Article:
American Revivalist Hymns (Marsden)

(This is a repost from February, 2012).

Many aspects of today’s shallow American hymnody are rooted in the 19th-century revivals.   This is a huge topic, of course, but to get a little glimpse I like how George Marsden writes about it in Fundamentalism and American Culture.

“The surge of revivalism associated with the rise of Charles Finney in the 1820s which developed in the ‘New School’ tradition certainly did not forsake intellect, but it did create new channels for emphasis on emotion throughout American evangelicalism.  Sandra Sizer in her analysis of the rise of the gospel song in nineteenth-century America has suggested that Finney’s revivals marked the beginning of the attempt to build a new Christian community united by intense feeling.  The focal point for the emphasis was the ‘social religious meeting,’ small groups gathered for prayer, Bible study, witnessing, and song.  Witnessing, or testifying to one another about how God had transformed their lives, was an important way in which these communities built themselves up and provided emotional support.”

“Finney added emphasis on such meetings to his more-or-less conventional mass-preaching services, but by the time of the remarkable businessmen’s revival of 1857-1858 the awakening itself originated in noon hour prayer meetings which were just such ‘social religious meetings.’  Every new evangelical movement of this entire area, through the rise of fundamentalism and including the holiness, pentecostal, and premillennial movements, had a base in some form of ‘social religious’ gathering.”

“The revivals of Moody and Sanky, Sizer argues persuasively, in a sense applied to the principles of the smaller group meetings on a massive scale.  The use of a song leader, which Sankey made a lasting part of evangelicalism, was a conspicuous means of building emotional ties.  The most common theme was the distress of sin, to be relieved by a passionate surrender to the incredible love of Jesus.  Hymns that told stories of prodigals reclaimed and the like made the song itself a kind of witnessing.”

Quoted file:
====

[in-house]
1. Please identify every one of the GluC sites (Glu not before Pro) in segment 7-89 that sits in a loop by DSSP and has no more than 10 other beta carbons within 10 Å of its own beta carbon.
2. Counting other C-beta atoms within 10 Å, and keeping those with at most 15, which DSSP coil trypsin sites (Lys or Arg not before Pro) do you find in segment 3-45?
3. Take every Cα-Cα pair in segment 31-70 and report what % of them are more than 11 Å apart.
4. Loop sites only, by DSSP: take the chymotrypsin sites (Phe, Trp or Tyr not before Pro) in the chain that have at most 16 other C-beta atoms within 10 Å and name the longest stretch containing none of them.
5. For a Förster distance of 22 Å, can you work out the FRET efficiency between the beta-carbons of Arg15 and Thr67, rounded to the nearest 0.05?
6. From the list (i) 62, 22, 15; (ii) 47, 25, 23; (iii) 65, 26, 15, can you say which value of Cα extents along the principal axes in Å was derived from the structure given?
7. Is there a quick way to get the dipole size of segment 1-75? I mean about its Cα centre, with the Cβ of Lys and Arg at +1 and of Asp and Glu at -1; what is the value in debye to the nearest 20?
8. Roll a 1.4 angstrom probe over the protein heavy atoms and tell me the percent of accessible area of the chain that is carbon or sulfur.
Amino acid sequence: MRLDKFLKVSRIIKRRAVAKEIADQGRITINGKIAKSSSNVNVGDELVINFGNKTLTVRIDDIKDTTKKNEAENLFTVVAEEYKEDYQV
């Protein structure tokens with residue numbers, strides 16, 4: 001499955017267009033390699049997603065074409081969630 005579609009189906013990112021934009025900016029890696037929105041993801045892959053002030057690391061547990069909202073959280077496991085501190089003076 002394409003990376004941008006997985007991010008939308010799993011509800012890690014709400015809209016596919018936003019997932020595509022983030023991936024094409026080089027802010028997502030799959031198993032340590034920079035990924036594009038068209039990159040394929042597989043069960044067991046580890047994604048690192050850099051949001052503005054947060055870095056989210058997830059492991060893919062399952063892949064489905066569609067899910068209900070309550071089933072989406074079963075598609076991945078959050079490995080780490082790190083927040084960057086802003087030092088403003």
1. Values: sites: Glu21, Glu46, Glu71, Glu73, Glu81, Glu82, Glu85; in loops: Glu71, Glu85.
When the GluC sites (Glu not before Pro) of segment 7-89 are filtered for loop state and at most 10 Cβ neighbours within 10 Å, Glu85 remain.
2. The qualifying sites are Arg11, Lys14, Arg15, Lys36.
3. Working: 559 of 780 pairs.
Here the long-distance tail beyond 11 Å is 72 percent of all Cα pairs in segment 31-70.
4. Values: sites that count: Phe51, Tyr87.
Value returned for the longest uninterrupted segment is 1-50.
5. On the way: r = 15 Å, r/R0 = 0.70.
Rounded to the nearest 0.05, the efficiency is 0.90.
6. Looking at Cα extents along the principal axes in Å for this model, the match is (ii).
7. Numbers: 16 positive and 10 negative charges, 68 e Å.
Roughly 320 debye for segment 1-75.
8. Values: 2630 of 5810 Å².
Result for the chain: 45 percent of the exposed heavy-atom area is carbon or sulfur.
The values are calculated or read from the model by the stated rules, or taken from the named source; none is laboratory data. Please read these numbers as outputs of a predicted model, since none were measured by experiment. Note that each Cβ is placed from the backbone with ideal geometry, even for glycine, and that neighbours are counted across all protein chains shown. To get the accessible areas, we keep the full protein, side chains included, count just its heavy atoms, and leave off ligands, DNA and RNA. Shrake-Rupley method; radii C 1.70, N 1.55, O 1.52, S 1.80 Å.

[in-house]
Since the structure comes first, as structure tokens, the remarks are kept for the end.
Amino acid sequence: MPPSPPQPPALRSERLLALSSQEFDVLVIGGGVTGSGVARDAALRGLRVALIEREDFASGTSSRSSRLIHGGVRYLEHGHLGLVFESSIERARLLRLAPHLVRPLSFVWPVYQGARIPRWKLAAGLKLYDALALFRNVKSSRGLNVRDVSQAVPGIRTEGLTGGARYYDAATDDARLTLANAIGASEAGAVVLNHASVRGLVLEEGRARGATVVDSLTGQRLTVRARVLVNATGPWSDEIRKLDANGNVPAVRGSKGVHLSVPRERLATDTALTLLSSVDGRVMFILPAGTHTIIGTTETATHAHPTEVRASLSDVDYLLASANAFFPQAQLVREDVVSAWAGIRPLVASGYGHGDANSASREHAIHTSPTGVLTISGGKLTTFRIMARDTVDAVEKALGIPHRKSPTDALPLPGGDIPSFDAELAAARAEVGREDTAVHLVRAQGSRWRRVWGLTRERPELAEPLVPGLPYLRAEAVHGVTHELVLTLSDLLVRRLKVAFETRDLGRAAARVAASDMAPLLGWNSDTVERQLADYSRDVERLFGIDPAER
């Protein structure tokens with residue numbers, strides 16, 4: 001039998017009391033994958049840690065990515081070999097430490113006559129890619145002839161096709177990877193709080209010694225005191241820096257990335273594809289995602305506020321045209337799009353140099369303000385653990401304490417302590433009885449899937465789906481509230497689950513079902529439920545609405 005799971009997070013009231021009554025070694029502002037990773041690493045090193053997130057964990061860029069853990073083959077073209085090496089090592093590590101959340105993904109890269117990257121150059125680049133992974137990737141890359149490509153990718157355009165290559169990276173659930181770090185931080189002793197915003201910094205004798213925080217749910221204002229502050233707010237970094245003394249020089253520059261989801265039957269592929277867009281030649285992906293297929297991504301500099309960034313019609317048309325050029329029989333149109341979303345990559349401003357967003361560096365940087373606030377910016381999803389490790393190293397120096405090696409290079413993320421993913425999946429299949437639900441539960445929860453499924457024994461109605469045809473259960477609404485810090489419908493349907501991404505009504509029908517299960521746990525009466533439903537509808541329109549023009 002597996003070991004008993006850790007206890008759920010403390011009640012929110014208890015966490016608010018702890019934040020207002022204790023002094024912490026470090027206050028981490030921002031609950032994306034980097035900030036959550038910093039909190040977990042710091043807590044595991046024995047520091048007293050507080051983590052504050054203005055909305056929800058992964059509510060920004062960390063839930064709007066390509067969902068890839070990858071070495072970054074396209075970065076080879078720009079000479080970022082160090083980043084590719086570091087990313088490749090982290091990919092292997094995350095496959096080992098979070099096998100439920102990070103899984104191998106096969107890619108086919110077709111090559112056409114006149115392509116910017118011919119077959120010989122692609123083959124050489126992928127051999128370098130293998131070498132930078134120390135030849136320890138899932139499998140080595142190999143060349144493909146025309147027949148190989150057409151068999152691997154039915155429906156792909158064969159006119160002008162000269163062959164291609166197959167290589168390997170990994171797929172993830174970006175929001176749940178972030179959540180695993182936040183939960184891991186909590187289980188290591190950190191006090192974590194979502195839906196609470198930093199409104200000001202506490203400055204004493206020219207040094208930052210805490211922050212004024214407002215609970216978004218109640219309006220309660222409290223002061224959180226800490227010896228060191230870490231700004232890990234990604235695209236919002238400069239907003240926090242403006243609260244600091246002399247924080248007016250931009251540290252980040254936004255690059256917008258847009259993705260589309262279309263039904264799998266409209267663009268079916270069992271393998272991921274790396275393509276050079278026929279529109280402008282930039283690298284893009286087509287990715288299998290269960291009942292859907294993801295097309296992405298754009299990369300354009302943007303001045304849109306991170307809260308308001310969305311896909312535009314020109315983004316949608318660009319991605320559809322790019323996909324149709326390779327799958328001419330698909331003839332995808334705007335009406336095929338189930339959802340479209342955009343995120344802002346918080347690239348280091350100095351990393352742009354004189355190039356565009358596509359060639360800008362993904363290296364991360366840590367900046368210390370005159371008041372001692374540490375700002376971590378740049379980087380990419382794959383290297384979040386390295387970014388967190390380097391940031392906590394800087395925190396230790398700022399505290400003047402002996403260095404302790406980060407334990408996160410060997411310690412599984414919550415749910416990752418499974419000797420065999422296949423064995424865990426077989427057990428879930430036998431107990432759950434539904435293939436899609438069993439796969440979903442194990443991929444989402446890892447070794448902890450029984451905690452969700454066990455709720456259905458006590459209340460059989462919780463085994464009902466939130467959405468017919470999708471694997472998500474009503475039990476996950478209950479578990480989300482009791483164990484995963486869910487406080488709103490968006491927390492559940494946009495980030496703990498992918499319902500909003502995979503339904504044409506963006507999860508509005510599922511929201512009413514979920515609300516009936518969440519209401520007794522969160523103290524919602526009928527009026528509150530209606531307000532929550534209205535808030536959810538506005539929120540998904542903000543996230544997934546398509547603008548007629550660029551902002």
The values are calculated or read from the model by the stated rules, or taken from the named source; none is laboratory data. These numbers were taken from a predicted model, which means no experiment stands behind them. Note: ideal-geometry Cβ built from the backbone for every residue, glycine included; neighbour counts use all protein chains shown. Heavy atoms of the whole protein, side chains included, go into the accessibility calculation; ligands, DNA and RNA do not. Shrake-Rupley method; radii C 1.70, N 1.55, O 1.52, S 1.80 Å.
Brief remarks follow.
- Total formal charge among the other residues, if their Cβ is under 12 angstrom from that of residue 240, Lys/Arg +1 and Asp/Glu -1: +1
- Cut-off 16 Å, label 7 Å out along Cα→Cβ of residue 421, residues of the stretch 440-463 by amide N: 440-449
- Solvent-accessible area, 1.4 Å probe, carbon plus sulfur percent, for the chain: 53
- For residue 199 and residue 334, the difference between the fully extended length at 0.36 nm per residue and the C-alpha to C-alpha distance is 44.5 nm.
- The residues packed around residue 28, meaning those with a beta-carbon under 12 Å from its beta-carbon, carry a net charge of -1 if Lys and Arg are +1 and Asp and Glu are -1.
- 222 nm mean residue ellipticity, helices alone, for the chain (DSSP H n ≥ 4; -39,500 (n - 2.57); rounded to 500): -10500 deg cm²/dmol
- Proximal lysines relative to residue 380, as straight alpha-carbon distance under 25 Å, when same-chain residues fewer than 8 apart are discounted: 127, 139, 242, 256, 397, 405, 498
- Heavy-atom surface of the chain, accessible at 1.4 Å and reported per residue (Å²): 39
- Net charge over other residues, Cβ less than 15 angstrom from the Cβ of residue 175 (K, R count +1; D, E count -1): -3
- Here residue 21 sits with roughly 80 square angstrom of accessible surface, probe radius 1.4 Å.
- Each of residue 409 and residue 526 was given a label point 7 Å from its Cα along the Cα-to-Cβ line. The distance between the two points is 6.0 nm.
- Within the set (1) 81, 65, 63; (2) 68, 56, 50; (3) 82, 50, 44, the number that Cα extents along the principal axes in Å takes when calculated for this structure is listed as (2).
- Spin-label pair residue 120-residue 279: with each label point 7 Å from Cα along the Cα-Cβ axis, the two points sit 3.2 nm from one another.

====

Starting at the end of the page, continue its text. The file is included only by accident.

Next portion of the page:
“In contrast to eighteenth-century hymns like those in the influential collection of Isaac Watts, the focus of revivalist songs shifted from praise of the awful majesty of God and the magnitude of his grace revealed in Christ’s atoning work, to the emotions of those who encounter the Gospel.  Similarly, Moody’s sermons virtually abandoned all pretense of following conventional forms of explicating a text, and were closer to ‘layman’s exhortation’ filled with touching anecdotes with an emotional impact comparable to that of personal testimony.”

There is more to it, but these are some of the theological, historical, and practical reasons why confessional Reformed churches typically do not sing these songs.  In other words, we avoid these songs and worship techniques for several different reasons and not just to be “traditional” or “conservative.”  I recommend Marsden’s book Fundamentalism and American Culture if you want to dig deeper into hymnody and other aspects of American Christianity.

Shane Lems
Hammond, WI


The Simplicity of Reformed Worship

Historic Reformed churches worship the Lord in simplicity.  That is, Reformed churches do not include ceremonies, festivals, crucifixes, processions, incense, relics, images, vestments, altars, and so forth in their worship services.  Reformed worship simply consists of the Word (read, preached, sung, confessed, prayed) and the sacraments (the Lord’s supper and baptism).